The World Will Never Be the Same, or Cruelty With No Limits

At five o’clock in the morning on February 24, 2022, Russia, in flagrant violation of international law, launched a full-scale military invasion of Ukraine. Justifying its insolence with absolutely made-up reasons, the army of the Russian Federation launched a simultaneous offensive from the air, sea, and land. Missile strikes were carried out on all the important sites of the Ukrainian military-defense complex in various regions of the country. Ukraine awoke in flames, but this was only the beginning of the most brutal war in the history of the 21st century.

The World Will Never Be the Same, or Cruelty With No Limits

Russia’s invasion of Ukraine began with the occupation of the Crimean Peninsula in February 2014. In April of the same year, the Russian army appeared on the mainland of Ukraine when troops without identifying symbols entered the Donetsk and Luhansk regions in support of terrorist groups led by the Federal Security Service of the Russian Federation (FSB RF). Consequently, the war in Ukraine has been going on for eight years. However, only now has the whole world seen how cruel and inhuman the face of Russia can be.

Contrary to Putin’s claims of a “military operation” aimed exclusively at the Ukrainian troops, it is no longer possible to conceal his army’s crimes against civilians. Currently, virtually all regions of Ukraine are subjected to aerial bombardment, and infrastructure and civilian facilities suffer. Fighting is taking place in the East, North, and South of Ukraine, killing thousands of civilians, and occupied cities are experiencing a humanitarian catastrophe and atrocities the world has not witnessed since World War II.

Ukraine is defending itself, causing admiration all over the world. Ukraine’s defenders tore off the mask from the “second world army”, revealing its true face: cruel, cynical, and drunk. A war in which the whole civilized world is united against barbarism, against cruelty, against inhuman cynicism… The Kremlin leader’s ambitious plans for a blitzkrieg failed. Unable to even feed his soldiers, Putin ordered all units to move to self-sufficiency, thus giving the green light to looting, which was already in full swing in the occupied territories. The Russian army has been stealing from equipment and food from grocery stores, and reports have also flooded in about the looting of civilians’ apartments and houses. According to, the Human Rights Watch presented evidence of crimes committed by the Russian army against civilians in the temporarily occupied Chernihiv, Kharkiv, and Kyiv regions of Ukraine. These crimes include rape, executions, and other acts of violence and terrorization of civilians between 27 February and 14 March 2022. Those responsible for these actions are war criminals, said the Human Rights Watch report.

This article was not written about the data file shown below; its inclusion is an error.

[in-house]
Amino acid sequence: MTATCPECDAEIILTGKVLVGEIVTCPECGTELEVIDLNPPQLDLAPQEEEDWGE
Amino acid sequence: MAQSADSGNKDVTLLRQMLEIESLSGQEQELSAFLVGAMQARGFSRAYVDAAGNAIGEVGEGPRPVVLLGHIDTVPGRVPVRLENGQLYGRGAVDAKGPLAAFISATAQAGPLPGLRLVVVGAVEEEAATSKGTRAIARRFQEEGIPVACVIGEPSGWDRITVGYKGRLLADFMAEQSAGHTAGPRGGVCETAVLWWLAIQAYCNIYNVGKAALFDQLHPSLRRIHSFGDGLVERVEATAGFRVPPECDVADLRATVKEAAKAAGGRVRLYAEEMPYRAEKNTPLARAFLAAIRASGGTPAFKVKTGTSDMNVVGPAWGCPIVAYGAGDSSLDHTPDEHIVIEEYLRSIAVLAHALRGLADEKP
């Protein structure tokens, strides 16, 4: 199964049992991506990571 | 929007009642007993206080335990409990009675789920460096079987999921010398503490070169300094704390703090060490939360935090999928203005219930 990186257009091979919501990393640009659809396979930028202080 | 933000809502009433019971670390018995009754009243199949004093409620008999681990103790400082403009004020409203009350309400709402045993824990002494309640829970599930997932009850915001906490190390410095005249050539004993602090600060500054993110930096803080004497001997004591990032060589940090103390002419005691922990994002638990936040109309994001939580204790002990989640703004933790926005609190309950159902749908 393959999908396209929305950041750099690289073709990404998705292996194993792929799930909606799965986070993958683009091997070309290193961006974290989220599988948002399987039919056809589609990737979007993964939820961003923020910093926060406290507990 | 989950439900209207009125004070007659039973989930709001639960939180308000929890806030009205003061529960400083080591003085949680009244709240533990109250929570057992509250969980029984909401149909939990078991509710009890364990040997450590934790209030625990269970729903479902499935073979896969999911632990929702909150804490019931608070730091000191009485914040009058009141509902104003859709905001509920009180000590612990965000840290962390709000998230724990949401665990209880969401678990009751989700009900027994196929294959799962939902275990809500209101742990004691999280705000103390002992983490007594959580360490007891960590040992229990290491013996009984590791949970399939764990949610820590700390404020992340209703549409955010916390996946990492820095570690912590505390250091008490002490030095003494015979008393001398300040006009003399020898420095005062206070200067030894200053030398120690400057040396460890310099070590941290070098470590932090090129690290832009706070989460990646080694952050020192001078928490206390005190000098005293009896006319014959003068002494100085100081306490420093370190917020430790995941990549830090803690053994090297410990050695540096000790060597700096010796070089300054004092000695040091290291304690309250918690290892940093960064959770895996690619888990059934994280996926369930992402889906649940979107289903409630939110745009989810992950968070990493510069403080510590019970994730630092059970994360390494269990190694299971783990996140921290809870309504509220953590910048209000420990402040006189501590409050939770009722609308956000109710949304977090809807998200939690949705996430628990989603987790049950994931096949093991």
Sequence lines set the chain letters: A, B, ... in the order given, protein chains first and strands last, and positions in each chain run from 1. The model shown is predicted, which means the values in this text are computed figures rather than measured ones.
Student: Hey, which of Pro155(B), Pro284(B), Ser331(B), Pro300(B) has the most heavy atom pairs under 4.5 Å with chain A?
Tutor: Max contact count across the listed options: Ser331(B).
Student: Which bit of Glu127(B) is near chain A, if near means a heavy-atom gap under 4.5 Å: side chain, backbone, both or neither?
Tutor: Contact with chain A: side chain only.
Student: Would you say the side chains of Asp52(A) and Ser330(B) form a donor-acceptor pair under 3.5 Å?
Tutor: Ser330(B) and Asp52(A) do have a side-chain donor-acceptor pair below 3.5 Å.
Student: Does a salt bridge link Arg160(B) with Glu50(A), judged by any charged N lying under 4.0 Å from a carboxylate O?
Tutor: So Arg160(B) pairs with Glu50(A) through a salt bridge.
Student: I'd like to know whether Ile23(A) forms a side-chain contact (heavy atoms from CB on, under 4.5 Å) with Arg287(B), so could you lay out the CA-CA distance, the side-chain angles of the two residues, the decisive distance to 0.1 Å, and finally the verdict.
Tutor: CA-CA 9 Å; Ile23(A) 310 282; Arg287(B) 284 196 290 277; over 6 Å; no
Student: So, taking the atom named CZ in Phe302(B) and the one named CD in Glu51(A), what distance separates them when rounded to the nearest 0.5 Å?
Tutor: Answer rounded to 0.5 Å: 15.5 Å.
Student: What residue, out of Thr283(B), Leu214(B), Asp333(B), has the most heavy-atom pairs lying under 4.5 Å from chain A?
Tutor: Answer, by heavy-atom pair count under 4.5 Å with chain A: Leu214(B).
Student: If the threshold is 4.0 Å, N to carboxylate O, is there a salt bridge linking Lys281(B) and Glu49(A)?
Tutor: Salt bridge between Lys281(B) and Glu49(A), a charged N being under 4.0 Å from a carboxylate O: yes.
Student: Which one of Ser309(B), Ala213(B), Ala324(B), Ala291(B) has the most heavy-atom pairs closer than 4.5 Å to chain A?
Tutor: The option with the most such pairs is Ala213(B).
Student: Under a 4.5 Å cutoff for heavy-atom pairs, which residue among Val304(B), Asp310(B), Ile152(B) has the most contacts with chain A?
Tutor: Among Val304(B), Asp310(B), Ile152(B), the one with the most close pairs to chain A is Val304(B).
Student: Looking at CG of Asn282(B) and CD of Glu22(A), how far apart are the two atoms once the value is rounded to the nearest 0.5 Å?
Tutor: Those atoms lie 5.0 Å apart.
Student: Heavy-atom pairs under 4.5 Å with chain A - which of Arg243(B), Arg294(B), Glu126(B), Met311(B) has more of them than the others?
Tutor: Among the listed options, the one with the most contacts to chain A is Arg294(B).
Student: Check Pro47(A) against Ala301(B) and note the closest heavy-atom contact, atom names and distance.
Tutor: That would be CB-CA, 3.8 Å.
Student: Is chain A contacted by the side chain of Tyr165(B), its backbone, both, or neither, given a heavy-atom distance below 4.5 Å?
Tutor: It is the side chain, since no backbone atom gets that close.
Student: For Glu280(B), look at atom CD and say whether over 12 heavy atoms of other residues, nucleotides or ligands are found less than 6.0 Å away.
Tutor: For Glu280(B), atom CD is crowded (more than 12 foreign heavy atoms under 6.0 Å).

News of brutal killings, rapes, and looting in the temporarily occupied territories began to surface in the first weeks of hostilities. However, when the Ukrainian army finally drove the occupying forces out of the Kyiv region, the whole world shuddered at what it saw. Bucha, Irpin, Hostomel, Velyka Dymerka, Peremoha, Kharkiv, Mariupol, Chernihiv – and this is not a complete list of settlements that have suffered atrocities by the Russian military.

Bombed-out kindergartens and schools, hospitals, churches, destroyed roads and bridges, entire streets burned and destroyed – this is something that cannot be seen without pain and tears. But when you see the real facts of thousands of civilians killed, it just takes your breath away in despair and anger. Men were shot in the back of the head with their hands tied behind their backs, women were killed in their backyards for daring to come out of their basements, children were crushed by tanks, or killed by the occupiers’ machine guns. Ukrainians were tortured, killed, raped, but not broken. It’s scary to even imagine what they had to go through in less than five weeks of war.

In his report from Bucha, BBC journalist Joel Gunter tells of details that make the blood run cold:

“Russian troops had smashed through the front gates of Volodymyr’s home, opened fire at the house, and dragged Volodymyr, 72, his daughter Iryna, 48, and her husband Oleg, 40, out into the yard.